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Correctional History and Trends

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You have been asked to provide the introduction for a one-day conference, at which U.S. correctional policy will be discussed. Many of the people at the workshop are not necessarily familiar with correctional history and trends. You prepare your notes ahead of time, being sure to include the following:

-The origins of the U.S. correctional system
-Key events during the history of corrections in the U.S.
-Description of the structure of the U.S. correctional system?identify different levels and types of correctional institutions
-Current trends in correctional policy.

Could you include references too, please?

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Let's look at each of the four sections, which include the references. It has a long and interesting history.

1. The origins of the U.S. correctional system

Prior to the 1700s, corrections in the American colonies mirrored that of the Middle Ages with little need to house prisoners in jails or prisons for long term, since they were subjected to capital punishment, corporate punishment or exile. So, it has its origins in the Colonial and Earlypost-revolutionary periods, and like Europe, physical punishment was common in colonial America. Original thirteen colonies sought independence from England and the British Crown, thirteen American colonies declared themselves sovereign and independent states.http://books.google.ca/books?id=JPeWQMivcQQC&pg=PA342&lpg=PA342&dq=corrections+in+1700s+united+states&source=web&ots=REPnRJfVF9&sig=0kcXi6RWJy-I2zi7_n7LPVufH74&hl=en#PPA343,M1

During this period, Americans used stocks, pillories, branding, flogging, and maiming?such as cutting off an ear or slitting nostrils?to punish offenders. The death penalty was used frequently. In 1636 the Massachusetts Bay Colony listed thirteen crimes that warranted execution, including murder, practicing witchcraft, and worshipping idols. In early New York State, 20% of offenses, including pickpocketing, horse stealing, and robbery, were capital crimes (warranting the death penalty). http://www.libraryindex.com/pages/2497/History-Corrections-Punishment-Prevention-or-Rehabilitation-COLONIAL-EARLYPOST-REVOLUTIONARY-PERIODS.html). Any detainment was in secure buildings, such as dungeons waiting for execution or other punishments. There was no consistent or structure correction system during this period, although some philosophies began to emerge by 1800s. http://books.google.ca/books?id=JPeWQMivcQQC&pg=PA342&lpg=PA342&dq=corrections+in+1700s+united+states&source=web&ots=REPnRJfVF9&sig=0kcXi6RWJy-I2zi7_n7LPVufH74&hl=en#PPA343,M1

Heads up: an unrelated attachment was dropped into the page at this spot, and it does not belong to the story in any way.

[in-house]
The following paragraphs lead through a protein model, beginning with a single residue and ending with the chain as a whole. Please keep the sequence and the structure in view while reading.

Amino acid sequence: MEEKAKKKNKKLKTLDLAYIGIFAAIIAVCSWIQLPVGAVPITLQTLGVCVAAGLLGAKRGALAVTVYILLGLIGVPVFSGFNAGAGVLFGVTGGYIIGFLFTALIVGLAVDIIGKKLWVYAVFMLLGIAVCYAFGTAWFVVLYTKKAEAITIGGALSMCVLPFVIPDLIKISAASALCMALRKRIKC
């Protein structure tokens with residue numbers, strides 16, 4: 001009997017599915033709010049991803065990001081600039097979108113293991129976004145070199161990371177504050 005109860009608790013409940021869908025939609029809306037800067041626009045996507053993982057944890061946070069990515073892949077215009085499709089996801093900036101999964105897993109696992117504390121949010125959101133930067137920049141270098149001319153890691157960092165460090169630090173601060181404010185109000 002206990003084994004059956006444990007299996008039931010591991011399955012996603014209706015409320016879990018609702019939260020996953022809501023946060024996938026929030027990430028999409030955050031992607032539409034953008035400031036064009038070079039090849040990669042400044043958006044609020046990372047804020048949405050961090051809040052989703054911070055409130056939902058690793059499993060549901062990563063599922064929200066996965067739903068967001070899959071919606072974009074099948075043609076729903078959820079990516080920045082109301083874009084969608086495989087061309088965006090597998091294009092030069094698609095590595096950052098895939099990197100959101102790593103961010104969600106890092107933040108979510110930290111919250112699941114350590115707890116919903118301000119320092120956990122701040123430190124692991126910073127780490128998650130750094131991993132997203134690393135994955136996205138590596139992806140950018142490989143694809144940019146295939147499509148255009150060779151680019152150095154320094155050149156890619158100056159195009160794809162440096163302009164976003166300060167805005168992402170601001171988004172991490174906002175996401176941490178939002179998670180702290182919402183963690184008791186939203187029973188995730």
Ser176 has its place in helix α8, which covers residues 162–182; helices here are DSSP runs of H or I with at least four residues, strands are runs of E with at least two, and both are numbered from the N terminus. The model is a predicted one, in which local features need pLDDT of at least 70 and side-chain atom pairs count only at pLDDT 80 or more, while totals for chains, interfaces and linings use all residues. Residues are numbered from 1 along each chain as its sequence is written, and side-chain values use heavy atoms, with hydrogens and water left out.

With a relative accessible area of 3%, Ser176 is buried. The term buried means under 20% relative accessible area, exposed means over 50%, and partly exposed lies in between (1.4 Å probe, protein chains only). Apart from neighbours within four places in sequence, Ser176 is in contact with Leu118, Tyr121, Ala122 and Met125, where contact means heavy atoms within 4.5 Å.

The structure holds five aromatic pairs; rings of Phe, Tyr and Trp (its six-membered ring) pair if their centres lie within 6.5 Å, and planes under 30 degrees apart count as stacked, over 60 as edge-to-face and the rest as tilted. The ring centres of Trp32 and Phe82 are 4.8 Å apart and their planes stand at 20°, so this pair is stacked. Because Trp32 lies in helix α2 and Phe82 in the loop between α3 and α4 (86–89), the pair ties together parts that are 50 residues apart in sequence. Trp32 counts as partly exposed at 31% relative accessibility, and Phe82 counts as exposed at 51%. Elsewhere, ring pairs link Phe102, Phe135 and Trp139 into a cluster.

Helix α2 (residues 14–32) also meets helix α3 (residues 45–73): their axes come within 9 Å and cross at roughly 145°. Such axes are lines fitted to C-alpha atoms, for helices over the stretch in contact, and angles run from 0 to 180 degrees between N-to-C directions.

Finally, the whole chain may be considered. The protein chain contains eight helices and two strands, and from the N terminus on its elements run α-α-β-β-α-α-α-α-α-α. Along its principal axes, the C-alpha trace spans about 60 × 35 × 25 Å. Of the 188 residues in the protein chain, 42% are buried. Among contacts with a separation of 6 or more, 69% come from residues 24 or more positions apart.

The 19th century ushered in the Penitentiary era moving from corporal and capital punishment to CONFINEMENT IN prisons and hard labor.

2. Key events during the history of corrections in the U.S.

Many facilities lay claim to be the first prison., but the Boston Prison (1635) was probably the first, serving Massachusetts Bay for 18 years. Federal prisons were build, alongside state correction departments. Between 1652 and 1776, 11 other such facilities were built in the Bay country, so each of the 12 counties had its own jail. (http://books.google.ca/books?id=JPeWQMivcQQC&pg=PA342&lpg=PA342&dq=corrections+in+1700s+united+states&source=web&ots=REPnRJfVF9&sig=0kcXi6RWJy-I2zi7_n7LPVufH74&hl=en#PPA343,M1).

Jails were used to hold prisoners awaiting trial or sentencing or as debtors' prisons, but were not the punishment itself. The Puritans of Massachusetts believed that humans were naturally depraved, for example, which made it easier for some of the colonies and the first states to enforce harsh punishments. In addition, since Puritans believed that humans had no control over their fate (predestination), many early Americans felt there was no need for rehabilitation. (http://www.libraryindex.com/pages/2497/History-Corrections-Punishment-Prevention-or-Rehabilitation-COLONIAL-EARLYPOST-REVOLUTIONARY-PERIODS.html).

In 1773, the old coppermine was used as a jail and it was opened as New Gate Prison in Simsbury, Connecticut. In 1776, the Walnut Jail was opened in Philadelphia housing petty offenders and debtors awaiting sentencing.

In 1775, the first state prison in Massachusetts was the old fortress on Castle Island e.g., imprisonment and hard labor replaced corporal and capital punishment.

The Penitentiary Era

Began in the 19th Century e.g. two systems: Pennsylvania and Auburn Systems (see descriptions on p. 344, at URL: ...

Solution Summary

Based on the case scenario, this solution discusses correctional history (origin, key events, structural description) and trends.